The charge/credit card segment is issuing prepaid incentive cards for gas and other special purposes, and will introduce new installment products this year. Mastercard (+27 percent) is outspending Visa (+13 percent) in POP signage, direct mail and, of course, card production, and Discover (+69 percent) will build momentum as it challenges the two leaders. Some money-center banks may follow; Capital One (+15 percent) in branding its own cards with heavy swipes of print.

In insurance, both property/casualty and life companies will continue a global merger cycle as they languish with zero growth. New 21st century product lines must be introduced, including large-scale catastrophe coverage. The big insurance brokerages such as Aon (+51 percent) and Marsh & McLennan (+11 percent) will be the only improving print buyers as they promote human resource outsourcing and on-site risk management rather than commodity-priced and negotiated insurance. A positioning lesson for printers and print brokers?

Related at No. 16 is INVESTMENT/BROKERAGE ($1.15T, +4 percent; with $5.7B to print, 0 percent). Stock brokerages and mutual funds will maintain their print volumes in market newsletters, direct mail solicitations, offering circulars and other narrow web and sheetfed work. Stock and bond offerings will run up with many falling short. Prospectus printing and ROP “tombstones” will continue to proliferate as demand for capital exceeds supply by perhaps a factor of four.

Stock brokerages and mutual funds will go long on print, especially in personalized direct mail and digitally printed viewbooks. Novel equity-derived products will be featured. JP Morgan Chase (+11 percent) should rise at a 2.8-times multiple of the market in print because of its ongoing five times the industry average investment in our medium. The three financial sectors will approach 9.3 percent of total print demand, concentrated in the Northeast and West.

No. 4 is PUBLISHING/NON-NEWSPAPER ($78B, -6 percent; with $10.9B to print, -10 percent). Book publishing in print will decline as e-books correspondingly rise at a nearly one in 10 displacement rate. J.K. Rowlings’ move to and then onto digital books is indicative of the new publishing model where print is an incidental option. 

Amazon (+17 percent) will become the biggest de facto book-format publisher with its Kindle on “Fire.” Barnes and Noble (+23 percent) will launch its “Nook” best-in-class 7˝ tablet “to reach readers like no one else.” Still, the retailer expects to sell 300 million physical books, on par with 2011. 

Professional and academic publishing are declining as online learning replaces the classroom-and-textbook tradition. Pearson (+3 percent) and McGraw-Hill (-3 percent) continue to pursue personalized e-content as a more profitable opportunity than print. Periodicals will continue to lose ad pages and revenues at a 6 percent to 8 percent pace, even as interactivity and mobile engagement applications are attempted with group ventures such as the five publishers collaborating on Next Issue. 

Only 3 percent of magazine printers provide cross-media management and, to date, not very well. Valassis (+16 percent), the integrated FSI publisher/printer, has it right with its RedPlum cross-media products “in-home, in-store, in-motion.” American Greetings (+8 percent), too, will grow at double its competition in greeting cards, driven entirely from mobile and social media apps, links and pushes. Overall, the publishing sector will comprise only 5.5 percent of total print, primarily in the Northeast.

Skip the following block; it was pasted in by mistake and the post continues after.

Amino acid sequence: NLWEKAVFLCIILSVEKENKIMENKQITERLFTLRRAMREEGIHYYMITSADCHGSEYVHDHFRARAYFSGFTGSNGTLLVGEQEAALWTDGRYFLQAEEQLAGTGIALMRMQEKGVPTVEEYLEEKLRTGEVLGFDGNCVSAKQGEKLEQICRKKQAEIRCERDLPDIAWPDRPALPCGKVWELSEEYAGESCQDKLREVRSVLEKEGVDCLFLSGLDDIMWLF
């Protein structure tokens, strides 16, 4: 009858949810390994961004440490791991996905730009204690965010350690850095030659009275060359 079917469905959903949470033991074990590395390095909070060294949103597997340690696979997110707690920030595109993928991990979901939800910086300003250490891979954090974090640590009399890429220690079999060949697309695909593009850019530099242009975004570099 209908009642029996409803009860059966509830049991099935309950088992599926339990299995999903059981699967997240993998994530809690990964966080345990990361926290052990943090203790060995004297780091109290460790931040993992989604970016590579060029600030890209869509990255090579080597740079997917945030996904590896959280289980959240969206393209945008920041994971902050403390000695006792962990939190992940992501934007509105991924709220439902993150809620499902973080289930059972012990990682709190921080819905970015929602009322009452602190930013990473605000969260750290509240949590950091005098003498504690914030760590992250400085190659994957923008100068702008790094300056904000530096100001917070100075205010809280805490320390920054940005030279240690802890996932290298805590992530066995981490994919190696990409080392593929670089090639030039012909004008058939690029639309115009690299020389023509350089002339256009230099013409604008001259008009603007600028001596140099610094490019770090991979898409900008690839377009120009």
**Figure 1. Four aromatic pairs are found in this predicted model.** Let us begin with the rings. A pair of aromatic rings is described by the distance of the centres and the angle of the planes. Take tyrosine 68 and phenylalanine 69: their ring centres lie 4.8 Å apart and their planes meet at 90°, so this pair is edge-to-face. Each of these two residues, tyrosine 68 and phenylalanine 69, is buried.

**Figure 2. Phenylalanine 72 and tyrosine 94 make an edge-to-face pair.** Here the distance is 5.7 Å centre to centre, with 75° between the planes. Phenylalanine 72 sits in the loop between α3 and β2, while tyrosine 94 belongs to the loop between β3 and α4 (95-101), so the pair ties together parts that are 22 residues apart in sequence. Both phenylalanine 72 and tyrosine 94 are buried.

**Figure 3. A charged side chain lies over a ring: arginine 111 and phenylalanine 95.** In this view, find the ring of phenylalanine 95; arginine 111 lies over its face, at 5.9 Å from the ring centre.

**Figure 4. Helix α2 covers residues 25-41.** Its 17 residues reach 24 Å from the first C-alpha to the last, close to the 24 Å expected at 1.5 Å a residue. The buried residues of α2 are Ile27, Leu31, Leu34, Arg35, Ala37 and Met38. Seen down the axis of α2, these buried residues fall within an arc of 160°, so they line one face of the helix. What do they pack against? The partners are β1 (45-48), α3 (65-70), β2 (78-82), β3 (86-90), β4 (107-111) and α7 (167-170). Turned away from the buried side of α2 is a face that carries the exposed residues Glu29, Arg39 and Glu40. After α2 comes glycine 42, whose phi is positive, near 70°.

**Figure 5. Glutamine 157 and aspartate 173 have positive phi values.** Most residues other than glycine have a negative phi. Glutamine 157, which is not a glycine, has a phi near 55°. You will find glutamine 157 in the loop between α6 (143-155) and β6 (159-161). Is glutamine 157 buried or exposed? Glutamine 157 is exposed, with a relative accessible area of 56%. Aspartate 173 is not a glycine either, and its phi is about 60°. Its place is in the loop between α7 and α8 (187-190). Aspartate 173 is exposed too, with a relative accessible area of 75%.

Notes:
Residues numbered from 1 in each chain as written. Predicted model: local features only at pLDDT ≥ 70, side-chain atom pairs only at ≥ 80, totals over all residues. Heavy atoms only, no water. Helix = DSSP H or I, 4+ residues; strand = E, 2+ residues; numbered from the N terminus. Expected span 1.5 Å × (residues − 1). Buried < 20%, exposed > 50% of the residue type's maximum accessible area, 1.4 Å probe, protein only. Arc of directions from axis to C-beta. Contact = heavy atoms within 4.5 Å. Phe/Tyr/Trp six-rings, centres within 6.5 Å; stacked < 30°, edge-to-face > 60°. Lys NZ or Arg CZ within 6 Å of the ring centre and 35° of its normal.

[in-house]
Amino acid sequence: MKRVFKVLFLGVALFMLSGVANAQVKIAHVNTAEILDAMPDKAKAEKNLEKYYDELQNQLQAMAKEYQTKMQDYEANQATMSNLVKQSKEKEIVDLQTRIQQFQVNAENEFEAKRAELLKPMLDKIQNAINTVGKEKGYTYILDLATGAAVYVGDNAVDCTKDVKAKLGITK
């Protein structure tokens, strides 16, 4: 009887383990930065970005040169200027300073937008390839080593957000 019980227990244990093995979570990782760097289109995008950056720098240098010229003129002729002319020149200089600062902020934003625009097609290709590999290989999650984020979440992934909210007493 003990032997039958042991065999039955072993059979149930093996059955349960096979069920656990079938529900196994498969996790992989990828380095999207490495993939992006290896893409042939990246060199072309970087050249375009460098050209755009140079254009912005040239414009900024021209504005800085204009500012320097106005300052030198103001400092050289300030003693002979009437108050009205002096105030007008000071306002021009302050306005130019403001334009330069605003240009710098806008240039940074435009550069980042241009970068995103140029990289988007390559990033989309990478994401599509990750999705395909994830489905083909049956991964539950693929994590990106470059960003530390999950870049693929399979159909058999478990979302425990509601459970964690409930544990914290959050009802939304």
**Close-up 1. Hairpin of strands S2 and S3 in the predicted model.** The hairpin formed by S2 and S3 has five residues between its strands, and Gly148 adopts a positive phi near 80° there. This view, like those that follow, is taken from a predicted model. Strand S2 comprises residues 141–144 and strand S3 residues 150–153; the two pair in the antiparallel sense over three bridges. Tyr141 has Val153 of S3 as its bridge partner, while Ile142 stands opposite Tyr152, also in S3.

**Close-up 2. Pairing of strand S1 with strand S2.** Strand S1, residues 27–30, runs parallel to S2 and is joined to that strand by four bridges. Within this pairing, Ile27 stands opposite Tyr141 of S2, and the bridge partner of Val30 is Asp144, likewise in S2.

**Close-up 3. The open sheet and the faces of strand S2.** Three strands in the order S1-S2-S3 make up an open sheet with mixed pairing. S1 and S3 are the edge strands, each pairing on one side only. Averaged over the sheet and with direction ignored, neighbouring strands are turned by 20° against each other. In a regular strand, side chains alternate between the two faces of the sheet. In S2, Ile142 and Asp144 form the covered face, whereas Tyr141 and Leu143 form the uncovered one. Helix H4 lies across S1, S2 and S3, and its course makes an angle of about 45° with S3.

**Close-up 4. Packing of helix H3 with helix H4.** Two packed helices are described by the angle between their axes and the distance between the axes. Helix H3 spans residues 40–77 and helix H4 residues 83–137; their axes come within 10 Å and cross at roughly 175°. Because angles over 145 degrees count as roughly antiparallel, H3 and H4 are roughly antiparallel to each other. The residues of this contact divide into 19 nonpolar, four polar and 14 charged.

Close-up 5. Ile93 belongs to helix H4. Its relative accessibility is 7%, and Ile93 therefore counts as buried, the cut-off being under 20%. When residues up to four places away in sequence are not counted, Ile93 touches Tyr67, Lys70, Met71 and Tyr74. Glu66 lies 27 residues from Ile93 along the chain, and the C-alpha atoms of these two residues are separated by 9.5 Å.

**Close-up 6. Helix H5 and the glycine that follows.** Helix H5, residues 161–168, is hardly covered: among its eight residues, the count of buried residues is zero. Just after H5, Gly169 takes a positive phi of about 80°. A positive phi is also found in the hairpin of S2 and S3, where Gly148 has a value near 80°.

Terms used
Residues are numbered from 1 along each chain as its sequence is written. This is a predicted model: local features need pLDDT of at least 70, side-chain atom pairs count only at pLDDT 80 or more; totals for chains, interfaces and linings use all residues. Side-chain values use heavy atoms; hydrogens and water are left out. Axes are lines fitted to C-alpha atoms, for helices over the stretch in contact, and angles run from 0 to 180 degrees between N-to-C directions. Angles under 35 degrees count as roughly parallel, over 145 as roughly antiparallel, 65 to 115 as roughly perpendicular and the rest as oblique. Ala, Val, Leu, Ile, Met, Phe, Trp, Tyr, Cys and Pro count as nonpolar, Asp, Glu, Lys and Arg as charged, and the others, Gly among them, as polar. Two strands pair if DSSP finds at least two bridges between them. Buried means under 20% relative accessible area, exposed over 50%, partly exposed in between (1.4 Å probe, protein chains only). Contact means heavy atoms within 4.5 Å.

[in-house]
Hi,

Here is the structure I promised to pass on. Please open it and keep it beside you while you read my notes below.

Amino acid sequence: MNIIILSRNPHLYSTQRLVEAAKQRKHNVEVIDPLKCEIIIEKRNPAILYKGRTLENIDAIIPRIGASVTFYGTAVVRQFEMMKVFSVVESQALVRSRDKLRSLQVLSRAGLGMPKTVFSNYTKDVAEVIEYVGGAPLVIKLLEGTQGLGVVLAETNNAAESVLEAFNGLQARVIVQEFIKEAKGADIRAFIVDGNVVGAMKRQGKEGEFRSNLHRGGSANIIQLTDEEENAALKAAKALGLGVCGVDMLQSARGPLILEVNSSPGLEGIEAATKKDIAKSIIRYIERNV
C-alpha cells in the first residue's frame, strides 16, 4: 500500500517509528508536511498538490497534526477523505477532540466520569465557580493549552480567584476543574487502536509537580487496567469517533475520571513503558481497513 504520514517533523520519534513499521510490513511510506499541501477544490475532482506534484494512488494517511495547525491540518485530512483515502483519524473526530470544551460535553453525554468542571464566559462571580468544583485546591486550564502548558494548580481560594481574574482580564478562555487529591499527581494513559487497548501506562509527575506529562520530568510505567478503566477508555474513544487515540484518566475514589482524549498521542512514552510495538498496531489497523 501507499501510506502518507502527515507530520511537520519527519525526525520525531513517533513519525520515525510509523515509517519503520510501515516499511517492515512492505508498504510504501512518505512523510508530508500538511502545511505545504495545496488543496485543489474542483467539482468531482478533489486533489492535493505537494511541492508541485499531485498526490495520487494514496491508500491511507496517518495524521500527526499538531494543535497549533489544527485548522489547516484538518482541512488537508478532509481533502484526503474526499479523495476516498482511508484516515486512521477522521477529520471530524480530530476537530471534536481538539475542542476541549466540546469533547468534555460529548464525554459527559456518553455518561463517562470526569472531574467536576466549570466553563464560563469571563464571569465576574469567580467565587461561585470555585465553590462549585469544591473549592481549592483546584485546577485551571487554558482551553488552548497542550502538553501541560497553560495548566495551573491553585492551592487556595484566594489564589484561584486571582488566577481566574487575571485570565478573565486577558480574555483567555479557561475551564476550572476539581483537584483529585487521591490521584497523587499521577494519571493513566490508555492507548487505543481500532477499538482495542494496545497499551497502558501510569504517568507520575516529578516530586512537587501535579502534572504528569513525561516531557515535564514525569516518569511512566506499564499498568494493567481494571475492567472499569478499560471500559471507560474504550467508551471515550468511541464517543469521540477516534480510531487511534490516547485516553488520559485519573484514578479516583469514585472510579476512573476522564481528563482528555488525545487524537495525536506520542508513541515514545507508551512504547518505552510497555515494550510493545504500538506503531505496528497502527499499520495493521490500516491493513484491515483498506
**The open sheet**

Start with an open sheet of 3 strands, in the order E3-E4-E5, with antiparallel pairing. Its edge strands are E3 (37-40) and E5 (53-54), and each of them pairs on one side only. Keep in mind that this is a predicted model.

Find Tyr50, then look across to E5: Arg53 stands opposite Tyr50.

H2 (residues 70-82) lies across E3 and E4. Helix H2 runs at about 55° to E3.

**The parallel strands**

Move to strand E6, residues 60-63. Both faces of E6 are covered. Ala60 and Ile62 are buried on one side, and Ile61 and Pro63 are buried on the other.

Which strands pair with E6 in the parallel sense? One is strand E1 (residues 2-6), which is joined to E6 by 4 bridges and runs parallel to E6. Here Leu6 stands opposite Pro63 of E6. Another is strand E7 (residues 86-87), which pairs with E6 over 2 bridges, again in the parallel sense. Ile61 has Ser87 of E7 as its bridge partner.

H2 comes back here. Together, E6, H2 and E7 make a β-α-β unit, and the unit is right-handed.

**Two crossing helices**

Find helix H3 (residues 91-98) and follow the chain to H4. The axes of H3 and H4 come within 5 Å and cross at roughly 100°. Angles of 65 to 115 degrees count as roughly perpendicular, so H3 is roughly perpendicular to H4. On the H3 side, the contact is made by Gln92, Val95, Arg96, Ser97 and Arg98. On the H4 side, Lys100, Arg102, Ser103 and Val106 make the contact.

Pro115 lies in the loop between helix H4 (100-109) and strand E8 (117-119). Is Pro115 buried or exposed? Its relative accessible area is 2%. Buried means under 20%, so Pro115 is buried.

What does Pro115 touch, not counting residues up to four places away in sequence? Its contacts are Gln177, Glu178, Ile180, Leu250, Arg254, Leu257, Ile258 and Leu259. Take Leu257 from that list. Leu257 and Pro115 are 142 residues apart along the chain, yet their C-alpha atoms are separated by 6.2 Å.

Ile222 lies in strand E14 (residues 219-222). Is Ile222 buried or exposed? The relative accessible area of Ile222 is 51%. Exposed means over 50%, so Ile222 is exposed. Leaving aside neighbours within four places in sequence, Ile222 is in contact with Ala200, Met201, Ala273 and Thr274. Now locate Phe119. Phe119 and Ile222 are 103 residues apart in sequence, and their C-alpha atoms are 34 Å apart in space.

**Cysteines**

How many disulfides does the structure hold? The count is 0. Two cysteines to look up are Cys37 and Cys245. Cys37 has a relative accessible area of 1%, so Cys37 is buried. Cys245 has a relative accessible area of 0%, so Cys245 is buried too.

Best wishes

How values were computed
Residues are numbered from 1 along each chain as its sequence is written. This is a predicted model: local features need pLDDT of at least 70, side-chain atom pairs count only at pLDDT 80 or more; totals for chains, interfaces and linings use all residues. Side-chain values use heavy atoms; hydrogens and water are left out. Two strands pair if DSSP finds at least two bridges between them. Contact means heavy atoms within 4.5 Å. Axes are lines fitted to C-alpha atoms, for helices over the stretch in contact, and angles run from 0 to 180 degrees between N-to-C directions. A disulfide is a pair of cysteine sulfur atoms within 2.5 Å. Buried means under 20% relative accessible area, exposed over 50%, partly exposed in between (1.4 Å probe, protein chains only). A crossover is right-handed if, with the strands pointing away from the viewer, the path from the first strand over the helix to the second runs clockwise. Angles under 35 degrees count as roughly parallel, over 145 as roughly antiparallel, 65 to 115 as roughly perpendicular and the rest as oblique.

In technologies, TELECOMMUNICATIONS ($1.4T, +9 percent; with $10.9B to print, +1 percent) will be No. 5 and continue heavily in transit, in-store, outdoor, newspaper FSIs and ROP advertising as dual-core competition in tandem with or between wireless carriers and device-makers powers up. AT&T (+19 percent) will be the first billion-dollar print buyer in the category after it combines with another major player. Verizon (+5 percent) will be close behind.

New 4G entrants dialing up print will include the Windows Mango and other fruity brands, including tablets from Nokia (-13 percent), Sony (-5 percent) and others. However, Research In Motion (-11 percent) may be Torch-ed and Sprint (0 percent) sprain as market shares fade. Mobile aggregated apps with fast click-throughs will subordinate the nearly one million single destination apps that clutter and clog device displays. Out-of-home print is the most relevant way to reach users on the move.

COMPUTERWARE ($673B, +9 percent; with $9.0B to print, -9 percent) logs in at No. 8. Promoting the sales and uses of mobile “apps,” and connections via QR codes and TXT messaging will be an opportunity. Google (+38 percent) mobile paid-click growth and the acquisition of Motorola Mobile will move it ahead of Oracle (+8 percent) and behind Microsoft (+6 percent) in revenues and as the second biggest category buyer. Its Crome group and Adobe will flash forward to HTML5. This single-plug-in creative suite for application development, animation and interactivity is now the standard and a must-learn for our industry to capture a share of cross-media revenue.